Utopia: An impractical scheme for social improvement.
If you’ve been gathering petition signatures to refer the expansion of Arizona’s Medicaid program to the ballot, you’ve heard some people smugly respond, "I’m for ObamaCare"! I think everybody should have free health care." Sometimes they will cite how their friends in England and Canada love their health care system, and how their government-run emphasis on preventive care catches diseases before they grow serious enough to require drastic medical intervention.
What they don’t talk about is how the National Health Service cares for people when they are sick, or how long they have to wait for an appointment to treat illnesses. Keep in mind that most people are healthy anyway. So, if your friends haven’t been really sick, how would they know how good their medical system is?
Having a health care system available doesn’t mean you have timely access to it.
Also, for those who say, "ObamaCare is not a single-payer system," know this: The ultimate goal of Obamacare was and is to get rid of all the thousands of people who work for insurance companies, put them out of business, and have the government run our health care system, just like in England.
"Patients in BC wait up to a year for routine MRI scans and Eddy said there’s no doubt in his mind that some problems are not diagnosed early enough.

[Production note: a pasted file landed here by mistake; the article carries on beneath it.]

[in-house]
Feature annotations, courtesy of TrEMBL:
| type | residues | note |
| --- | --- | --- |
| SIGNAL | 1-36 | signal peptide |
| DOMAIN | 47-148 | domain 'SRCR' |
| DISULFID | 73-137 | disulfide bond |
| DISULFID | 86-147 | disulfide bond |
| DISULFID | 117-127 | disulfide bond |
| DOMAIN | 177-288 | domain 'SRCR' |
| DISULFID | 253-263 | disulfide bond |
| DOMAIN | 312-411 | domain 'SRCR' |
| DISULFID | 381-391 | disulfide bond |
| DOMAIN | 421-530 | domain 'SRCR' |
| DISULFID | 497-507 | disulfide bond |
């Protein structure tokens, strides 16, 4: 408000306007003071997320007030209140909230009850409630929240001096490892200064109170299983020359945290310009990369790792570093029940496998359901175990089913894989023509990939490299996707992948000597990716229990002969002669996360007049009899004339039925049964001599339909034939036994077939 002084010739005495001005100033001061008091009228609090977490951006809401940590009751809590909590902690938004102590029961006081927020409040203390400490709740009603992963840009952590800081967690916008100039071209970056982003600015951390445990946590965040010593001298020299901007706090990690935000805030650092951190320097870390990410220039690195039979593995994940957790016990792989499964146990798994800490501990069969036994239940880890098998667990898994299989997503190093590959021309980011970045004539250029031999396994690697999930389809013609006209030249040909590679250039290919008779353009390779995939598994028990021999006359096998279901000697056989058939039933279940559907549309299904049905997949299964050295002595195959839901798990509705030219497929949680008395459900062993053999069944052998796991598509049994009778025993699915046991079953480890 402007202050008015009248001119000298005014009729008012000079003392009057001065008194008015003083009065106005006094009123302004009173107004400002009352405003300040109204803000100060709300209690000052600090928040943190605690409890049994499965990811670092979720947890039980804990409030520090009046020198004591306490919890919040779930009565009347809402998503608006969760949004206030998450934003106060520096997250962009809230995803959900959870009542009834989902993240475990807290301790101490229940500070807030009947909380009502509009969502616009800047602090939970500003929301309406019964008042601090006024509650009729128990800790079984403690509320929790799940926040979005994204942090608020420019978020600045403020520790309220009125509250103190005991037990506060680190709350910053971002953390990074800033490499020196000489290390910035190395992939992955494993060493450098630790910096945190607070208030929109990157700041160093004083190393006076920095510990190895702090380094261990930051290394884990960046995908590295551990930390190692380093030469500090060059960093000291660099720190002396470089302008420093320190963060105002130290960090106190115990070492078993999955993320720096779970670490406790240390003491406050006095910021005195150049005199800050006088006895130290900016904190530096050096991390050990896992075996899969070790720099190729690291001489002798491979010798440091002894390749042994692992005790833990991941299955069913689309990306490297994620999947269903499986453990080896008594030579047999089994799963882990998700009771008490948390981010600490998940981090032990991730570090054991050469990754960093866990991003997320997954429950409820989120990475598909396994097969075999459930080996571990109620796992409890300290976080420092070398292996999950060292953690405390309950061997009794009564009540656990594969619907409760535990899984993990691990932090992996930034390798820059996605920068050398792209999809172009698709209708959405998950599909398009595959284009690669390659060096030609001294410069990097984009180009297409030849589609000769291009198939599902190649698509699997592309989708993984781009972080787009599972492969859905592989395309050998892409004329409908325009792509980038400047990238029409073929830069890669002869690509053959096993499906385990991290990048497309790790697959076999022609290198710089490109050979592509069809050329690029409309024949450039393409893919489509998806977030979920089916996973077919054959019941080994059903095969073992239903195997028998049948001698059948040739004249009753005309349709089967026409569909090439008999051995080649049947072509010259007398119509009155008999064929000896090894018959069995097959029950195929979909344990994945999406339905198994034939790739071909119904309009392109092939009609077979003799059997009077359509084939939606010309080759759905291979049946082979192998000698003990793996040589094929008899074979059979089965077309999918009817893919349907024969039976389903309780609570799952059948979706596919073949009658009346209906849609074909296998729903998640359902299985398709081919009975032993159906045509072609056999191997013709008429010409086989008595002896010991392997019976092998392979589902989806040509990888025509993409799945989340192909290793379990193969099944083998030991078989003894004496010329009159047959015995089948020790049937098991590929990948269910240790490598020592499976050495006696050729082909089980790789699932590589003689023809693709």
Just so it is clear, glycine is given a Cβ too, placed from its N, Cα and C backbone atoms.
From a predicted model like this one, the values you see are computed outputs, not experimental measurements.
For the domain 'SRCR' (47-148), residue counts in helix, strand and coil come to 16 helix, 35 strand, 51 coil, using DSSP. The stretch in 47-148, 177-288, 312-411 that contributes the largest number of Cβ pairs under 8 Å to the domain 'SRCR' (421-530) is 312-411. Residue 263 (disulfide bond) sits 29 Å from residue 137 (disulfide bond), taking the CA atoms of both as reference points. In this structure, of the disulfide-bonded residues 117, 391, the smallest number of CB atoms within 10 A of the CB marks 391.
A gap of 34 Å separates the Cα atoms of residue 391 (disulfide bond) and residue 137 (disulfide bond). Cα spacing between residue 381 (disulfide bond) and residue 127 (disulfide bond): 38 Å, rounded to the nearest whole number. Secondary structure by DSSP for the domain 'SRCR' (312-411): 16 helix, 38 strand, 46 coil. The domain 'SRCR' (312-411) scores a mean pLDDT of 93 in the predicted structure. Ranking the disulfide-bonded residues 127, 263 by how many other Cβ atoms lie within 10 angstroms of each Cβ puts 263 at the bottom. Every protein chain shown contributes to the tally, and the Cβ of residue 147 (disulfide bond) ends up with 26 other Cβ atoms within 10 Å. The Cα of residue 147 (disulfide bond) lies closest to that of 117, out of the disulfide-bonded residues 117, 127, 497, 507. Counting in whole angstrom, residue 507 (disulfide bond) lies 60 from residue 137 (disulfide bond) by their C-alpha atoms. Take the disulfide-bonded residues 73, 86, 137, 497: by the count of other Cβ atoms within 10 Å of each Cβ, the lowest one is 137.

“Do waiting lists cause harms like missed brain and spinal cord tumours? We know we’re missing some of these diagnoses.”
"Last month, Sir Bruce Keogh, medical director of the NHS, issued a forensic report, commissioned by the government, which found that 14 underperforming hospitals in England had substandard care, contributing to the needless deaths of nearly 13,000 people since 2005.
"Earlier this year, it was reported that a single hospital in Staffordshire recorded 1,400 ‘excess’ deaths.
"The lack of adequate nursing staff, cuts to elder care budgets and a rise in immigrant populations are a few of the factors that have exacerbated the problem."
"And wait patients must. A hospital survey of five countries (United States, Canada, New Zealand, United Kingdom and Australia), conducted by Robert Blendon and colleagues in Health Affairs found that “waits of six months or more for elective surgeries were reported to occur ‘very often’ or ‘often’ by 26–57 percent of executives in the four non-U.S. countries; only 1 percent of U.S. hospitals reported this. Half of all Canadian hospitals reported an average waiting time of over six months for a 65-year-old male requiring a routine hip replacement; no American hospital administrators reported waits this long."
"But five-year survival rates for all forms of the disease – including the most advanced – stand at 85 per cent in the U.S and just under 74 per cent in the UK. If the cancer is caught early – at what doctors call stage 1 – the differences in survival are even more shocking.
"An American woman has a 97 per cent chance of being alive five years after diagnosis.
"In Britain, this figure is only 78 per cent."